Joe Armstrong joe@REDACTED
Tue Jun 4 10:56:14 CEST 2002

On Mon, 3 Jun 2002, C.Reinke wrote:

> > > A more lightweight syntax for funs would make that a lot nicer, of
> > > course, and "do" might not be the most suggestive name, but it
> > > avoids names for intermediates as well as language extensions..
> > >
> > > Btw, why can't variables be passed unbound to functions (that
> > > would make more complex utilities easy)?
> > 
> > I think you have invented monads AND dataflow variables  :-)
> Hey, you can't blame me for everything, you know!-)
> Btw, I explicitly avoided monads, because with Erlang's heavy-weight
> syntax, they would look even less usable than the more primitive
> compose-a-list-of-funs definition I suggested.
> > This is *very* difficult to implement :-)
> You wouldn't by any chance know whether that's why Erlang's
> designers chose not to have it in the language?-) 

 Erlang grew out of Prolog - firstly by adding a notion of processes, secondly
by adding mechanisms for fault-tolerance and hot code swapping.

  Erlang is  *basically* a  concurrent language -  it was  designed to
have  fast process  spawning,  context switching  and message  passing.
Anything that  worked on one  processor should work in  a distributed
system with minimal changes to the program.

  The sequential part of Erlang  was just a simple functional language
- any language could  do I guess, the fact it  was functional was more
or less an  accident it could equally well have  been an imperative or
logic language (provided it was garbage collected :-).

  We deliberately  stayed clear  of *anything* that  involved "dangling
references",  we  didn't want  messages  between  machines to  contain
pointers, so  we insisted that messages were  copied between machines.
This  was because  we  wanted the  system  to work  reasonable in  the
presence of  machine failures  and we wanted  message passing  to have
transaction  semantics  (i.e.   all  the message  gets  transfered  on
nothing) - In the *language*  we want to create loosely coupled systems
without strong data bindings between data components.

> Instantiation of "logical" variables used to be the standard means
> of communication between and-parallel threads in the various
> non-sequential prologs (5th generation, etc.), and is still not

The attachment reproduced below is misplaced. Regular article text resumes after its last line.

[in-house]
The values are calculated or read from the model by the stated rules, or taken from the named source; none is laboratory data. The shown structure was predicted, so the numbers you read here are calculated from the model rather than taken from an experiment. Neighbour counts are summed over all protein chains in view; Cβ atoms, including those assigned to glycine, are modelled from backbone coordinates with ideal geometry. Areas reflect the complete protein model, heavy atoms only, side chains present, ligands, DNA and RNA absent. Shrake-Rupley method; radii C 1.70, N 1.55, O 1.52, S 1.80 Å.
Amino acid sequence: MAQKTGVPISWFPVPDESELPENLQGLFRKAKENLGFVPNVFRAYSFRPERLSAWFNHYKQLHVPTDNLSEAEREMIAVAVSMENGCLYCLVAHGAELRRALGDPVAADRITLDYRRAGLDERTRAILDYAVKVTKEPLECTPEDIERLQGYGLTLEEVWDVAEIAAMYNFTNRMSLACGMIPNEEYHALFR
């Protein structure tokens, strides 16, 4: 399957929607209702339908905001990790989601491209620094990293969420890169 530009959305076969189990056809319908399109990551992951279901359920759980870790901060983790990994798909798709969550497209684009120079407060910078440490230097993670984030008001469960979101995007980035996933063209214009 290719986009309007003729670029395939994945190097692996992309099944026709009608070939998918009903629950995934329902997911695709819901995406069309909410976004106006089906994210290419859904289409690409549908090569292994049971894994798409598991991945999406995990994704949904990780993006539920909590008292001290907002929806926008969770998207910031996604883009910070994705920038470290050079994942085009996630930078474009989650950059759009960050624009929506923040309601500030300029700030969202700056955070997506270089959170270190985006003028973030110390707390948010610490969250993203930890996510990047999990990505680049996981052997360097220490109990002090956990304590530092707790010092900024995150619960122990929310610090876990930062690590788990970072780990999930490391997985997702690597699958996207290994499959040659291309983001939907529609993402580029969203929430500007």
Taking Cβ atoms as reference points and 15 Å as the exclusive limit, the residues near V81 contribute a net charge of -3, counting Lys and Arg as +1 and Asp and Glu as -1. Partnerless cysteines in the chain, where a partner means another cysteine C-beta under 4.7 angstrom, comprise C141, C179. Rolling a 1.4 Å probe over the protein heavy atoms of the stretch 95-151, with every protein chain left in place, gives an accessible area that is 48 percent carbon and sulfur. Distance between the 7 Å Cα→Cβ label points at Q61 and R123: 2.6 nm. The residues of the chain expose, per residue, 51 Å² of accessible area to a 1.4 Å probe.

> dead for logic-based concurrent calculi. But you know that
> because you looked at many of those before and during the evolution 
> of Erlang, and the mailbox/send/receive-model has proven to be
> practical (so far, more practical than 5th gen ideas;). 

  We rejected stream communication with  logic variables - there are a
few problems with this.

  - out of order messages can cause deadlocks.
  - setting up the splitter/merger networks to get the right streams the
    the right places is messy 
  - code is more difficult to understand (this is subjective). i.e.
    message passing can be achieved "invisibly" just by binding a variable.

>   [it shouldn't be difficult to define a naive variant of a
>   distributed single-assignment construct on top of Erlang's
>   mailboxes: a thread with mailbox receives assignments from 
>   writers and answers with success (first write commits) or 
>   failure (consecutive incompatible write attempts); 
>   synchronization of writers (all fail or all succeed) would
>   be more difficult; Erlang didn't inherit non-deterministic
>   user-defined rules, so dealing with or-parallelism is not
>   an issue - hmm, could that be modeled via supervisors?-]

  I think this would be valuable in a library module. It would be
nice to have a library that did something like:

	NewVar = logic_var:create()   % create a logic variable

	Pid ! ... NewVar ...          % you can send it *anywhere*

	logic_var:bind(Var, Value)    % bind it
				      % returns a boolean
				      % true if you were the first to bind it
				      % false otherwise

	logic_var:send_message(Pid, Var) % send Pid a {bound,Var,Val}
					 % message when Var is bound

        (This is give an Erlang flavor to things)

	logic_var:wait(Var)           % wait for Var to be bound

   *then* you could write things like

	V = new_var(),
	Pid1 ! Pid2 ! Pid3 ! Pid4 ! {who_wants_to_buy_my_car_for_10_dollars, V}